Samson leaves, while I hop back onto the table in order for Sam to inject the local anesthesia. This is always the most painful part. Little deep needle injections, puncturing in a circular formation surrounding the areas on both breasts in which they’ll cut the skin. The first few stabs are cringing, but as she continues the breast becomes numb and she repeats on the other. Minutes later, the doc re-enters and they begin. They slice the top horizontal line of my T-shaped scar, and a small portion of the vertical, turn the skin up into a triangle and suture a nipple together. I only feel a tug here and a pull there, no pain or pinch to speak of. It’s the first time I’m really able to chat with the two of them, which is a bit odd at the time but it is relaxing considering all I need to do to watch them slice and suture me is lift my head and look down. I do twice just to say that I did. Yep, those are my breasts and those are scalpels ….and I slowly lay my head back down. As they predicted, an hour later I’m done. The doctor leaves as Sam finishes up, and for the first real time I get a good look at my nipples. They are HUGE! Sam quickly says, ‘They will get smaller and when it’s time for the tattoo it’s easier for us to make the adjustment for smaller than it is to make them larger.’ Wow, this is quite a change. My two spectators enter. One quickly grabs the camera, and the other can say nothing but, ‘Oh my god, they look so good!’ We all chat and joke while Sam cleans me up. A bit reluctantly she agrees to allow Elizabeth to return with camera in tow for the nipple and areola tattooing in 6-8 weeks.
The three of us leave. I have some Christmas shopping to finish up, and my two amigas are laughing at the fact that I’m minutes out of the doctor office and already on the run. But I’m fine, really. My breasts feel a bit numb, but other than that I’m completely fine. I dodge through the madness of Hell’s Kitchen and then Times Square, all the whole protecting my new additions, making sure no one bumps into me or accidentally elbows me. I get on the subway to pick up the twins, and suddenly feel the urge to whisper my secret to everyone on the train. ‘Guess what? I got new nipples today.’ Then life continues as normal.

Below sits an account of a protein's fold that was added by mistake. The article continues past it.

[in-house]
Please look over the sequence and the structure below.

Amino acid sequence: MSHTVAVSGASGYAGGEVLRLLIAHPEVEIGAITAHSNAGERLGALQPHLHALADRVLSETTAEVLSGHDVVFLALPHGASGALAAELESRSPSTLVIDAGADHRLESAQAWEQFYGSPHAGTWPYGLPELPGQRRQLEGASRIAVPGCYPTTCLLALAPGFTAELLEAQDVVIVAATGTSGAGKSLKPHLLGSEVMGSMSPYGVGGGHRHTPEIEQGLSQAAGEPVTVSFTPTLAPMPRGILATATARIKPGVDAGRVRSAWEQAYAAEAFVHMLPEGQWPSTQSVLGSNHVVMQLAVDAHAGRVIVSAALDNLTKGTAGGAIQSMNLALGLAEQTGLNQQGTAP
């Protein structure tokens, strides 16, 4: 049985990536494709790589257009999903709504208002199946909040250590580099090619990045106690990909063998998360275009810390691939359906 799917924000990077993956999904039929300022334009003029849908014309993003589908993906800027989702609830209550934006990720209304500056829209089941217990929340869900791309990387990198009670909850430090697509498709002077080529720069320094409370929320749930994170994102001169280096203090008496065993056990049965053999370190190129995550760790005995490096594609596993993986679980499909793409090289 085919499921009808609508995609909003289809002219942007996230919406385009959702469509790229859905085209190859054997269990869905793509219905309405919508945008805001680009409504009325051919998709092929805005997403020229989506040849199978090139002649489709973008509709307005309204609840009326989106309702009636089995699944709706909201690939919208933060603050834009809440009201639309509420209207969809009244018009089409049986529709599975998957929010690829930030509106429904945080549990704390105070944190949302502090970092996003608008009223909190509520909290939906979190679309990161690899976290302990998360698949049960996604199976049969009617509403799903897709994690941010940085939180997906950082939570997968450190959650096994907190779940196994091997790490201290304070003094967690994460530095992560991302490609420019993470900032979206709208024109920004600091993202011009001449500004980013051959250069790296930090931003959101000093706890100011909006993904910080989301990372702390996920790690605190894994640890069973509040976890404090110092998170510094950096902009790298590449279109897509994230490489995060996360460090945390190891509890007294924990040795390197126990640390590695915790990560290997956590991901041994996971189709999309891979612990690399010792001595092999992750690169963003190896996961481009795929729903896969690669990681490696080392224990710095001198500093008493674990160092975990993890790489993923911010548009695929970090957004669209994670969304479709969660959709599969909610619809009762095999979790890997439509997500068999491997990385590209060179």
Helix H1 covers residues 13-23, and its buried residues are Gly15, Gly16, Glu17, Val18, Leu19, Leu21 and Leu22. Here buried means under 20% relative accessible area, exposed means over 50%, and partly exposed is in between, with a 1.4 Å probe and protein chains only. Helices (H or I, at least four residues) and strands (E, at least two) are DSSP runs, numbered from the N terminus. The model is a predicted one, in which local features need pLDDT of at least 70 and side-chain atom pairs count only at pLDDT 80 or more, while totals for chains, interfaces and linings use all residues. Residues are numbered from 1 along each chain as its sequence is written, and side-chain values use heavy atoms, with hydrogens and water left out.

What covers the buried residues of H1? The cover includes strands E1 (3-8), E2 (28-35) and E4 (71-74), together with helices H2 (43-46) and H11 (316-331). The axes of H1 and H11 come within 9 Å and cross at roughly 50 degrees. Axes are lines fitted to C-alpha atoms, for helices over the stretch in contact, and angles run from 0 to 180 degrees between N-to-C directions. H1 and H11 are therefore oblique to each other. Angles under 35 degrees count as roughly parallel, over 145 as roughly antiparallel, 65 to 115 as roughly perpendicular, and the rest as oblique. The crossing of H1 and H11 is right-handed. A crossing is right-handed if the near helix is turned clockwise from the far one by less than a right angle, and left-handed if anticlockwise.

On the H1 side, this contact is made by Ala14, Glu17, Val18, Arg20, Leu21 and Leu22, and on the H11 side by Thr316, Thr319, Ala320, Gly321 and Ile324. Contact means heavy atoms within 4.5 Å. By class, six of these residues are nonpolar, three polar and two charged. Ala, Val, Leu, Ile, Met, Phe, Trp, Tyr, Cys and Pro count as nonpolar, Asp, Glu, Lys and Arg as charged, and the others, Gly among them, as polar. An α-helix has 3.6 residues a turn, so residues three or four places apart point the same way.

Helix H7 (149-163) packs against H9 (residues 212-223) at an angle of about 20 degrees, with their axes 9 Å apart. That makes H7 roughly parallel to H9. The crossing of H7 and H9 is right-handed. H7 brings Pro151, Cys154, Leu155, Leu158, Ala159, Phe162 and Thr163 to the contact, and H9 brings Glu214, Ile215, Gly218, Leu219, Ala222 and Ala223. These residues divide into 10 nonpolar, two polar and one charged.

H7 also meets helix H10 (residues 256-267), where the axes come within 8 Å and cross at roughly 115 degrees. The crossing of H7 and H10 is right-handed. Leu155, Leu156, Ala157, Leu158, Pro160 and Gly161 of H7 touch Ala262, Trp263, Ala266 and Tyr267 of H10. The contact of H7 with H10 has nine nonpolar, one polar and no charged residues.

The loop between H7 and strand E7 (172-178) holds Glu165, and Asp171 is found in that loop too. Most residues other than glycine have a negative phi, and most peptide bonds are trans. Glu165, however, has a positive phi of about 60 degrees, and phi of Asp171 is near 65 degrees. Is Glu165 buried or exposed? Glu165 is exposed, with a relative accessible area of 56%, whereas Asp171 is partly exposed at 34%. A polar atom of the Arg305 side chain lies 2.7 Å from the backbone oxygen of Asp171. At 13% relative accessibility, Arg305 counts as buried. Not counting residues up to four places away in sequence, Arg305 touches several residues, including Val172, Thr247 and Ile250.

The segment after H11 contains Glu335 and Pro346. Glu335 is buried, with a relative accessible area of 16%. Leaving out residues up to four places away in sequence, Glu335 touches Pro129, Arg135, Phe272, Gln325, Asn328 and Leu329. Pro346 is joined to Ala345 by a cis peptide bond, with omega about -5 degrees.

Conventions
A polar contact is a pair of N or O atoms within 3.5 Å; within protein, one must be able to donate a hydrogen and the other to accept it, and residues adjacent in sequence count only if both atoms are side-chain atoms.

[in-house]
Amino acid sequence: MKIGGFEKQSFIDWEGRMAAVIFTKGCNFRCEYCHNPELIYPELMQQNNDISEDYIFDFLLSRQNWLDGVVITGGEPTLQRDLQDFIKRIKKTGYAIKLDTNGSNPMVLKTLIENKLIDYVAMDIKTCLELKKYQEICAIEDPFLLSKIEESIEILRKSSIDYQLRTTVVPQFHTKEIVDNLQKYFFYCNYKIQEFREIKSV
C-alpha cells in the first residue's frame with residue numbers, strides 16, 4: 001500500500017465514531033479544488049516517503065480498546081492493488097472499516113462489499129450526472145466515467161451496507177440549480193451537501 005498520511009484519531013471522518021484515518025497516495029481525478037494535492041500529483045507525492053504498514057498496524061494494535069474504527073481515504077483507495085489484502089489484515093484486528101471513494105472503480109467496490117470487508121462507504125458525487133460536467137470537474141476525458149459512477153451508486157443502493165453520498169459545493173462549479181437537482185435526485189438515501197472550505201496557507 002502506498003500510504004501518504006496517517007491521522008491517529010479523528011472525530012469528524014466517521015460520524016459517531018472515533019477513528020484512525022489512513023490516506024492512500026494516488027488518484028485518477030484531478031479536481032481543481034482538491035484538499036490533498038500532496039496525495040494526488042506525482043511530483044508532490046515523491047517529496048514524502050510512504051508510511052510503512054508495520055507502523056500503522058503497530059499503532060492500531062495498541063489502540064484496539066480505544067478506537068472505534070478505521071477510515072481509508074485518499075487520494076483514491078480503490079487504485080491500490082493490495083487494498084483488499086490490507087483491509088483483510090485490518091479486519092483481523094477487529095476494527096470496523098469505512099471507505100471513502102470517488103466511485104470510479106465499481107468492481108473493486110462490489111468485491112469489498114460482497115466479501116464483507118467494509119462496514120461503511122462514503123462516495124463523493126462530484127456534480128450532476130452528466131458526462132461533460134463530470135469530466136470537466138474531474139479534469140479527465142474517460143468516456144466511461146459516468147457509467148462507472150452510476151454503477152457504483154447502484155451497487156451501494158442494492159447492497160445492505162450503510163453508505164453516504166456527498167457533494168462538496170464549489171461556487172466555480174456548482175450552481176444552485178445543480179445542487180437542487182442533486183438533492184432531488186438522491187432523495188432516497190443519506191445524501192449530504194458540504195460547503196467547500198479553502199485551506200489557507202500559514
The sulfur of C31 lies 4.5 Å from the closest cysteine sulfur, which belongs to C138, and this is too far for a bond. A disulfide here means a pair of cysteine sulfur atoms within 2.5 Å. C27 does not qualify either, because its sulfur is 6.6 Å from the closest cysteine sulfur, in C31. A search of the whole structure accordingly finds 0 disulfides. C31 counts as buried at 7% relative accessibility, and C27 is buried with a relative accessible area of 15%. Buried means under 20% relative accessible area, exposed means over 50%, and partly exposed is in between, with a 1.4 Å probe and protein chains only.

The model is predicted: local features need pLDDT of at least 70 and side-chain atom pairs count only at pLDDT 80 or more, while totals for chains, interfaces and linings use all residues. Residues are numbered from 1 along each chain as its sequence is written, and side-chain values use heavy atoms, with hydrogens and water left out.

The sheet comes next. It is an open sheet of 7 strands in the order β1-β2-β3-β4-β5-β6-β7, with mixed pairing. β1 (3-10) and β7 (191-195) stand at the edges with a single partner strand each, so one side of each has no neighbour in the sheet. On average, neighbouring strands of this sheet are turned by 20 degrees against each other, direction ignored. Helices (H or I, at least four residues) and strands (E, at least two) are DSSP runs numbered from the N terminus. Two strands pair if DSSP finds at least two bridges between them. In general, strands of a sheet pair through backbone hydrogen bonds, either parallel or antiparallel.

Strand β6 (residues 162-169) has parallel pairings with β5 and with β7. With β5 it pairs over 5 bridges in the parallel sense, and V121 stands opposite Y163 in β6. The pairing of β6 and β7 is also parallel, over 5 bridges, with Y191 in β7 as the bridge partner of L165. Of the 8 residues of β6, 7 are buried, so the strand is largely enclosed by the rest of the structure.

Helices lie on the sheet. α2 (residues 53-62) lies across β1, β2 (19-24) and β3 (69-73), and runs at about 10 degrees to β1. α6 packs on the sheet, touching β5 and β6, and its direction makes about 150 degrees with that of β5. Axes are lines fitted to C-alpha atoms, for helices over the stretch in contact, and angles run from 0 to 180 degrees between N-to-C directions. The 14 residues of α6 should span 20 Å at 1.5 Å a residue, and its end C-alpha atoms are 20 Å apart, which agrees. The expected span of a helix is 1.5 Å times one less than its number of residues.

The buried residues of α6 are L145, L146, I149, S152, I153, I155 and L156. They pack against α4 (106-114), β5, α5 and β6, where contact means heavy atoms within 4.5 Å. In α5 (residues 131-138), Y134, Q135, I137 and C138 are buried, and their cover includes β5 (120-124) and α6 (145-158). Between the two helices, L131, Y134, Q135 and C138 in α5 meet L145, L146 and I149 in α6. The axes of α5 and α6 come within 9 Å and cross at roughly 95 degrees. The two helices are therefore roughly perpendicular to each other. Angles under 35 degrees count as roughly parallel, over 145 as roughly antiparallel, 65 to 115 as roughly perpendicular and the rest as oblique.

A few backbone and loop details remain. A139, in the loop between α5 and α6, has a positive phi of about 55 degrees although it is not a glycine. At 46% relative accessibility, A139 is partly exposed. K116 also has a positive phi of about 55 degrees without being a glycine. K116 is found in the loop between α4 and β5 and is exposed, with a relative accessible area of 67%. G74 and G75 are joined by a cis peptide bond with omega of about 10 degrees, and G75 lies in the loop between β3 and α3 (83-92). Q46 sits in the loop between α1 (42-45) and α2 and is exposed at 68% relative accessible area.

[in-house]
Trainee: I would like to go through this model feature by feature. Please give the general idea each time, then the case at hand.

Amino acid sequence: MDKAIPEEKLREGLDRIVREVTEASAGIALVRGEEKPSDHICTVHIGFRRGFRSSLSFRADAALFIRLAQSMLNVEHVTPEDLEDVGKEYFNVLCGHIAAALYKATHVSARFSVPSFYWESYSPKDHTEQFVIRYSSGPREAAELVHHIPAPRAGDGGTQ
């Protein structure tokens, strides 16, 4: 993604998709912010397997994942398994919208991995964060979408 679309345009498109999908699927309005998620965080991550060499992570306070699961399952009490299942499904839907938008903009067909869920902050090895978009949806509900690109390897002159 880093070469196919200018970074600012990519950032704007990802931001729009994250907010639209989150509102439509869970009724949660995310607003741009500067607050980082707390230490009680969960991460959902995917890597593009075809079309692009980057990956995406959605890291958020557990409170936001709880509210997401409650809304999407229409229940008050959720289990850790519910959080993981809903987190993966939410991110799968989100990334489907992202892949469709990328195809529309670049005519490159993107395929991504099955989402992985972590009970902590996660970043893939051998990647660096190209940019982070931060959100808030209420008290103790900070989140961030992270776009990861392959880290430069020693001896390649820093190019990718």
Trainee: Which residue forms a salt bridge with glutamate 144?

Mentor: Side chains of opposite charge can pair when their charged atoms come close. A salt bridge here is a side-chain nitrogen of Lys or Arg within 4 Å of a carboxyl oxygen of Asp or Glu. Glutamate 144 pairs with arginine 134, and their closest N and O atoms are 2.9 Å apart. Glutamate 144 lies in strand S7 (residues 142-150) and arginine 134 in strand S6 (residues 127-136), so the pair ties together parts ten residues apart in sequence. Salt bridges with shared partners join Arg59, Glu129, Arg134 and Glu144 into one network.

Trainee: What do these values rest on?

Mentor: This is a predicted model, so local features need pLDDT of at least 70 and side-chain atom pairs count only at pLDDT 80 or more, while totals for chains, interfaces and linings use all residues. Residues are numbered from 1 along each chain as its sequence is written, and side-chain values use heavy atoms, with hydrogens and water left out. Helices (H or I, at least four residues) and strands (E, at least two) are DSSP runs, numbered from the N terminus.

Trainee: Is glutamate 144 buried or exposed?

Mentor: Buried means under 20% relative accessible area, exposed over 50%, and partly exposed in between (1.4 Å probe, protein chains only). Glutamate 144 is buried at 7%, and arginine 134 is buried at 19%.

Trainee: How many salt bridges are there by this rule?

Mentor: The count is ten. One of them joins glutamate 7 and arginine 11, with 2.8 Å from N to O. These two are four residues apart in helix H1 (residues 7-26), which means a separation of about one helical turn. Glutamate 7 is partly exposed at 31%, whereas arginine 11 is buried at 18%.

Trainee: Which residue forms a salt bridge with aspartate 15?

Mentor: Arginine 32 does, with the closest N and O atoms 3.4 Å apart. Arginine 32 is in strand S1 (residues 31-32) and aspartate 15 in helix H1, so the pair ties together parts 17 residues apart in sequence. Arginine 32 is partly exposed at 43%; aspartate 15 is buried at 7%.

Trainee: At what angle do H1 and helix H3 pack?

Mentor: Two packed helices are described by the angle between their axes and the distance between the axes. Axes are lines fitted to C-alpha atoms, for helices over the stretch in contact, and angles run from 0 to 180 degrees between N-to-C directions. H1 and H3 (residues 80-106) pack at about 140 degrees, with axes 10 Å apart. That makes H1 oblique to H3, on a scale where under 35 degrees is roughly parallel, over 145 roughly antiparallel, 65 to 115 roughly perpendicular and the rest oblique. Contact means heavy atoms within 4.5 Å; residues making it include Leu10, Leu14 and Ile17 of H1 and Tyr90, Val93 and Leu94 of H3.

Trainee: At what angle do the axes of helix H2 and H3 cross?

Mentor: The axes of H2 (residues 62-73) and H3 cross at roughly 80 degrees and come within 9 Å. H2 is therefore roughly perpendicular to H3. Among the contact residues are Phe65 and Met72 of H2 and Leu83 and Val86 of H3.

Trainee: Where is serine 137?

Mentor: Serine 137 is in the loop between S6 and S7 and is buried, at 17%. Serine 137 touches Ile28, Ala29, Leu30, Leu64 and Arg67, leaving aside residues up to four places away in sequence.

Once I get the girls to bed later that night, I get another good look. Wow, they do look good Amber Ford. I mean, they have stitches which will take several weeks to dissolve, and there are the suture strips on the horizontal T now separated by a nipple! And they are a bit big for the moment, but yes, they do in fact look good! And what I didn’t expect to happens, does in fact happen. I start to feel as if I got them for myself, sorry Graham. Maybe it’s the sense of feeling like a woman, or the idea of finally having breasts that look even, or the realization that I’m steps away from looking and feeling normal once again.
For days afterwards, I show anyone I can – associates at work, moms at the neighborhood holiday party, friends at a cabaret, the host of a private gathering, more friends, more associates, more moms. I have to start to restrain myself for fear of starting rumors that I’m the mom that lets people look down her blouse. Several weeks have gone by, and if anything, I’ve felt that I’ve appeared colder than usual. Because I hate stitches, I started to pull and cut what was there which caused some bleeding. So I bandaged them up for over a week, and now? Well, I can go into the new year proudly cancerless and with new nipples. And who knows, maybe I’ll get them and areolas tattooed by Valentine’s Day. A girl, and a guy, can only hope!